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- Thread starter knight92
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marcusl

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BTW, if you are interested in in-depth treatment of Laplace transforms applied to physical systems like heat conduction or the spring/damper that you mentioned, I can recommend a lovely little book called Operational Methods in Applied Mathematics by Carslaw and Jaeger. You can buy a used copy of the Dover edition for under $10, if it's not in your school library.

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BTW, if you are interested in in-depth treatment of Laplace transforms applied to physical systems like heat conduction or the spring/damper that you mentioned, I can recommend a lovely little book called Operational Methods in Applied Mathematics by Carslaw and Jaeger. You can buy a used copy of the Dover edition for under $10, if it's not in your school library.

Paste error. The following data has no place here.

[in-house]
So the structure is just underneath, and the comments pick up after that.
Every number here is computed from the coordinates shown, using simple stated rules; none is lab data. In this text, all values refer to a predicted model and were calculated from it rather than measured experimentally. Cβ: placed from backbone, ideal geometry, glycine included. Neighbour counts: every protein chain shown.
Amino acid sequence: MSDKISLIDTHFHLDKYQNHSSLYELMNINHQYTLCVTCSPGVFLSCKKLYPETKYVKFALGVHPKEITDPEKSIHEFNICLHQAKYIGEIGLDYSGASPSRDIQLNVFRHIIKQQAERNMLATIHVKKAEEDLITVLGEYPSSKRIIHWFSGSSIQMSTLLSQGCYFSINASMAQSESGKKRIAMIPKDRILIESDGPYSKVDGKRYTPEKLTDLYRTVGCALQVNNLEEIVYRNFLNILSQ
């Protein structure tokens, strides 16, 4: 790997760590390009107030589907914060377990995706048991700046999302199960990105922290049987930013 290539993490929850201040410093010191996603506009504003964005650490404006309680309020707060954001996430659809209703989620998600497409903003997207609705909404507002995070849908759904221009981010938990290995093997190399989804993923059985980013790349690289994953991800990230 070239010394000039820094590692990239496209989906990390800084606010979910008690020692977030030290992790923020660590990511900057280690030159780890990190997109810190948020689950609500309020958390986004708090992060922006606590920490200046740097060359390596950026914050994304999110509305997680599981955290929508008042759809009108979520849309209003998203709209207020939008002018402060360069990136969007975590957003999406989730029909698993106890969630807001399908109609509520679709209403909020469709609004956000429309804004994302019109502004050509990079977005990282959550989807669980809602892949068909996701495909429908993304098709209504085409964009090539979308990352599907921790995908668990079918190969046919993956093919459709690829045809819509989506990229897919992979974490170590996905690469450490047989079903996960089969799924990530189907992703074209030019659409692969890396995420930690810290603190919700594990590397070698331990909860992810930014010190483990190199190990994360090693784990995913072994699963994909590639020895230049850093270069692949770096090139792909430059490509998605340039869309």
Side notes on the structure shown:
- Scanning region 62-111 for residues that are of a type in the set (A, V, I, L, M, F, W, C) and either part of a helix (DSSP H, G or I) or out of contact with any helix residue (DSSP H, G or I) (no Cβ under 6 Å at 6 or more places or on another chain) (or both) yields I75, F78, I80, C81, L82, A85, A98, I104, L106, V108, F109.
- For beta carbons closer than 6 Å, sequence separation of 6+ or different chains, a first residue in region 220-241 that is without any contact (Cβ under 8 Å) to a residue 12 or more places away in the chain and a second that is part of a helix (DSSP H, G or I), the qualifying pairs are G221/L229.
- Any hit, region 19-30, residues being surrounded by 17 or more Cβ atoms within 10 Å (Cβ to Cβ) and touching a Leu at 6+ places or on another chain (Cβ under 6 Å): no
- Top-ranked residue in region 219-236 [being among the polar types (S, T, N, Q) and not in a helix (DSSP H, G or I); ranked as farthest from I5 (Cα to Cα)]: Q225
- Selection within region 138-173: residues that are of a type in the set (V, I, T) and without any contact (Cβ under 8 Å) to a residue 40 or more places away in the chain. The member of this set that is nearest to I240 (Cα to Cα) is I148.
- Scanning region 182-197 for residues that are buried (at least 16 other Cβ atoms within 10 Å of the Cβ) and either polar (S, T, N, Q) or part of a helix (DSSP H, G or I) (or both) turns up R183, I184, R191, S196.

I meant for example when you Laplace transform dx/dt you get sX(s) so I was asking what is 's'? You said it is complex but are we ever given a value for it so that we can use it in a transfer function to calculate the response/output of the system and get a real number? Many times I see on the Internet the input given as another equation so you never get a number out instead it is just another equation.

If I was considering a spring/damper system what would be a typical s value input to find the deflection/displacement of the system?

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Baluncore

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It is the complex frequency plane. You can plot the poles and zeros of the transfer function on that plane.But what is the term 's'?

Points on the vertical ω axis are sinewaves with stable amplitudes.

Points on the left hand side are decaying sinewaves. Damped suspension has poles on the LHS.

Points on the right hand side are exponentialy growing sinewaves. Poles on the RHS cause instability and oscillation.

https://en.wikipedia.org/wiki/S-plane

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marcusl

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